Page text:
Album Review

Summer Feeling

Summer Feeling

By The Eversons

Lil' Chief Records
8.3 / 10
17th May 2012

By Gareth Meade

To release an album called Summer Feeling on the cusp of winter might appear like some kind of cruel joke. For The Eversons to do so, however, makes perfect sense. Not only is it a reference to Jonathan Richman, a songwriter they have clearly paid a lot of attention to, it is also exactly what you think; a joke. Because Summer Feeling may be straightforward guitar pop on the outside, but at its core lays darkly humorous introspection preoccupied with all the things an early twenty-something mind should be; whether it’s anxiety and uncertainty or sincerity and hopefulness.

It gives the album some depth without getting close to seriousness and certainly makes the pill of 90’s indie revivalism easier to swallow. “What’s gonna happen when my parents die? Am I gonna feel better?” Mark Turner sings on opening track ‘Could it Ever Get Better?’ before wondering if losing his mind is the key. Meanwhile, the band reminds him “you’ll never feel better” as a guitar riff that lands somewhere between Pavement and Garageland carries the song to its conclusion after a brisk three minutes.

Summer Feeling is peppered with self-deprecating couplets and proudly worn influences which are a lot of fun to listen to. Whether it’s Turner being a little too affectionate towards his girlfriend on ‘Creepy’ or co-lead vocalist Chris Young remembering that time he tried to move overseas, but it didn’t quite work out how he’d planned. It’s nice that these are relatable experiences that just happen to be extremely catchy.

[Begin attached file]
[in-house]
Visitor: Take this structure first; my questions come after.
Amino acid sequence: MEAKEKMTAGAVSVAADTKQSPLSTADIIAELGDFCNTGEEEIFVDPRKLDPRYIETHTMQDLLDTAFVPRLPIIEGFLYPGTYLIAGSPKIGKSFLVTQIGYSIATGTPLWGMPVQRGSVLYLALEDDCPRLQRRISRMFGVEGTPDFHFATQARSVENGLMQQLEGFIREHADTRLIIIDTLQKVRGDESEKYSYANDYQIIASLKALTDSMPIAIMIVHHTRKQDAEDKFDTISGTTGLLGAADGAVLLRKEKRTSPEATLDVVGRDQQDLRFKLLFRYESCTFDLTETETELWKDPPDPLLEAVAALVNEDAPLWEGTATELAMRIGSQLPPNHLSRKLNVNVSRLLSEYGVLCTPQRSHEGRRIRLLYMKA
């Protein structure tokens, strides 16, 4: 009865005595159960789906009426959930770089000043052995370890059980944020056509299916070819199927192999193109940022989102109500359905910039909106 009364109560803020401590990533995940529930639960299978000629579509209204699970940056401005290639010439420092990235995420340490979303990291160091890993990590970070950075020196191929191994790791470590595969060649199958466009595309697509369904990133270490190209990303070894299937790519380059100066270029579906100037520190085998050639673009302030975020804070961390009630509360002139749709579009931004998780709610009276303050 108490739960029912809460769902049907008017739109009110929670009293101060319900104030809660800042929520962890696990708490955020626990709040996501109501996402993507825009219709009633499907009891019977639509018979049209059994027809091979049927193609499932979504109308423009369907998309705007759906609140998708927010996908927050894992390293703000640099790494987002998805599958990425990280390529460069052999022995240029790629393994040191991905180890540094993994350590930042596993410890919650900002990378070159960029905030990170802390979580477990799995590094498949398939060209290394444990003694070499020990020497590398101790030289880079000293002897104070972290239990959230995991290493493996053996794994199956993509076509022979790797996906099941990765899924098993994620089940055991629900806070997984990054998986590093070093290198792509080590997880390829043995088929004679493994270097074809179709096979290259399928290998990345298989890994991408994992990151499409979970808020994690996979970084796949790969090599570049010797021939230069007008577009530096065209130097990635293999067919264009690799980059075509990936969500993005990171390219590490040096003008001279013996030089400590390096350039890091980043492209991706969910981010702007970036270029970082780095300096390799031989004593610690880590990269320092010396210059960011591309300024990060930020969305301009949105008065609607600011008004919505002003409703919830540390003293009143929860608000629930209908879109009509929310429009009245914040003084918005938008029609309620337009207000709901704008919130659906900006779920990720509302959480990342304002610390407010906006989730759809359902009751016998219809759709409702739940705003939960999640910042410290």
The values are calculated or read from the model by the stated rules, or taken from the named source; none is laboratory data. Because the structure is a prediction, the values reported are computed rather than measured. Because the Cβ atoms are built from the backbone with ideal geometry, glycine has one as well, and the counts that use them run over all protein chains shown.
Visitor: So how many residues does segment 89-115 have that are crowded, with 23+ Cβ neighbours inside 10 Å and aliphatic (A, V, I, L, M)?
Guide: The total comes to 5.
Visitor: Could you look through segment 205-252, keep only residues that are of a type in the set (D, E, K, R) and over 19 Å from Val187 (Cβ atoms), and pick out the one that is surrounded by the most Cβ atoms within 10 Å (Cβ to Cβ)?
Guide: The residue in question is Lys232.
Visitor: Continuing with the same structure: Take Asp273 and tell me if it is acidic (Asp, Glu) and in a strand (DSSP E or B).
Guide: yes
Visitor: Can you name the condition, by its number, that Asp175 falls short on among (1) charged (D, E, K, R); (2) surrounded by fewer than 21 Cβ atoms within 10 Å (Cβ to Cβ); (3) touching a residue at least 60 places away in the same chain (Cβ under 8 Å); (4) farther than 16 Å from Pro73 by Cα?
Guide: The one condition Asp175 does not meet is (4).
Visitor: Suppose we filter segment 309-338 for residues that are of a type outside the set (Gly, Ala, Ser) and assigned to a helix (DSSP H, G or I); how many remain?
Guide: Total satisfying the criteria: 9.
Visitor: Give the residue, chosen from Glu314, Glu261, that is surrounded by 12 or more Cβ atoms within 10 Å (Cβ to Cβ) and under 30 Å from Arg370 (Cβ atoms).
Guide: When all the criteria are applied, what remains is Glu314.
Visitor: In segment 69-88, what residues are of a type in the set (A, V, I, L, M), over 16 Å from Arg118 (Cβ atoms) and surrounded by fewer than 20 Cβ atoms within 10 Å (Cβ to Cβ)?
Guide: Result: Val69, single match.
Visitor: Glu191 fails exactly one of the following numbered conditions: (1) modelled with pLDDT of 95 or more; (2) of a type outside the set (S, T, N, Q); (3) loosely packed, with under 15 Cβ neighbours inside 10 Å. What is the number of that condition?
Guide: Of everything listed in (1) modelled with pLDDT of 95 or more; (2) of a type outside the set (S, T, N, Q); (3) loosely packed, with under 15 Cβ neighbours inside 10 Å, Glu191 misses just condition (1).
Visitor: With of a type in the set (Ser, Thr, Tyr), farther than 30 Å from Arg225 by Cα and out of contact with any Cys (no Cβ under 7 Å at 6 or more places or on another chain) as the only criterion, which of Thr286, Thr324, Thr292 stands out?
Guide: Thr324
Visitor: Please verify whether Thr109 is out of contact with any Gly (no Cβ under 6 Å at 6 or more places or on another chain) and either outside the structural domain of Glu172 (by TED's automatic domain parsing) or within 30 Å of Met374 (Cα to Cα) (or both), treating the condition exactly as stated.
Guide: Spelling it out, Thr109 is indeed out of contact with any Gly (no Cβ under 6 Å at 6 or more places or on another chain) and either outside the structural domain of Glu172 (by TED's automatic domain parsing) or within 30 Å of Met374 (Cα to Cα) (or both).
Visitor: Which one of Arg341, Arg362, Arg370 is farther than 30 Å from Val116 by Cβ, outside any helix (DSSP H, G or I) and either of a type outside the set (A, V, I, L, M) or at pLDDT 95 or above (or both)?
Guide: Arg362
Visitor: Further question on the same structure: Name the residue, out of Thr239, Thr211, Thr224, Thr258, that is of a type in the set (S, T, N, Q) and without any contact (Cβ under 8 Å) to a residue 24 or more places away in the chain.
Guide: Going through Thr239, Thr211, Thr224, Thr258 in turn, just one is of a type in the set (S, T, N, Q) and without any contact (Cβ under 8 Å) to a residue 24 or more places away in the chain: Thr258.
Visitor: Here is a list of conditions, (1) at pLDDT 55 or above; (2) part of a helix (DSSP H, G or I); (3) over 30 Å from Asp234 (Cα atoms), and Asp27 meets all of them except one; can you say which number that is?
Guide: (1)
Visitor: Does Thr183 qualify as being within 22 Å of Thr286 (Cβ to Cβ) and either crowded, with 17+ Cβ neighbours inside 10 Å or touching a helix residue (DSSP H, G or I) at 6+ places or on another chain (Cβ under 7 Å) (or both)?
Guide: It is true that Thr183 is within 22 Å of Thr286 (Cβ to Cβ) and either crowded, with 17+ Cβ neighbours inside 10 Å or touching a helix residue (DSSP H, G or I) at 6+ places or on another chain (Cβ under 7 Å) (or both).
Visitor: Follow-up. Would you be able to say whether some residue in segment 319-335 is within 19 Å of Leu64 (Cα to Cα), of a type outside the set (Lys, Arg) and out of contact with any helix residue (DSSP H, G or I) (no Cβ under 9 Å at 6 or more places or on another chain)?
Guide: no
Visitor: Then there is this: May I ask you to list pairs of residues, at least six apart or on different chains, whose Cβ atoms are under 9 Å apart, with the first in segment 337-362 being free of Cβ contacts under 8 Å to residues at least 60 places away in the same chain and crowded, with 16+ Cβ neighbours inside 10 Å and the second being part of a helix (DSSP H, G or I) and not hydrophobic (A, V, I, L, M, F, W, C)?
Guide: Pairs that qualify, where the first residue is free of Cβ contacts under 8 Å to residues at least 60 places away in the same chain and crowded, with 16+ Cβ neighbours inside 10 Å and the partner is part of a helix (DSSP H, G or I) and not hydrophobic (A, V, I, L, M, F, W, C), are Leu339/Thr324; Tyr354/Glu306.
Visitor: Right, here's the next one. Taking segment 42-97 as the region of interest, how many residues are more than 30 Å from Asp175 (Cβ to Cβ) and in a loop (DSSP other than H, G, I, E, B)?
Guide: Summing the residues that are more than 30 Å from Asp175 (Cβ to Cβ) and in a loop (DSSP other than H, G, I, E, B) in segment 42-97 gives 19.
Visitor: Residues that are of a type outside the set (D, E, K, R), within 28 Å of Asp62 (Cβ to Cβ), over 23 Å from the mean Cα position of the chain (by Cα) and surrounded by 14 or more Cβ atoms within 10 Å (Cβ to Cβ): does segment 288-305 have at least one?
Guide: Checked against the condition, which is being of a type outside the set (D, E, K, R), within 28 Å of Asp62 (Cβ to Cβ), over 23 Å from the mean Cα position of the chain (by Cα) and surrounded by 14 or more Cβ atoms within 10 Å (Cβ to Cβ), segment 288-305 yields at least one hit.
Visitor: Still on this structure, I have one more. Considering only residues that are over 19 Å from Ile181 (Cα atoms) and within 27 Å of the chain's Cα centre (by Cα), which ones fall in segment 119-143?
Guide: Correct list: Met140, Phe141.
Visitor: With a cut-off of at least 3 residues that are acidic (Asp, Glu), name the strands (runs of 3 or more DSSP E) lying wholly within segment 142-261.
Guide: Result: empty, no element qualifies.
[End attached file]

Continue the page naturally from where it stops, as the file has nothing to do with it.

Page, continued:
That’s not to say that The Everson’s can’t be flippant. ‘Kick Him Out’ tells of someone trying to get rid of their boyfriend before it all goes terribly wrong and he ends up buried in the back yard. ‘Going Back To Work’ does little more than relate how unfathomably shit it can be to have to give in to reality after a holiday. They’re low stakes when compared with the likes of ‘Marriage’ which deals with the assumption that one day you’ll find someone to spend the rest of your life with before doubt sets in. This song in particular makes nice use of the band harmonies, which perfectly juxtapose the refrain “so sad and lonely/you’ll never get married.”

Interestingly, the two final tracks on Summer Feeling are the albums slowest. It might have been nicer to hear them more strategically placed throughout, as the earlier you pick up the formula of the album, the more in danger it is of becoming tired. However almost everything on Summer Feeling flies by on charm and a perfectly realised hook. As an album it really delivers and as a debut album it’s pretty damn astonishing, largely due to the identity The Eversons have carved out for themselves as great songwriters with a sense of humour.






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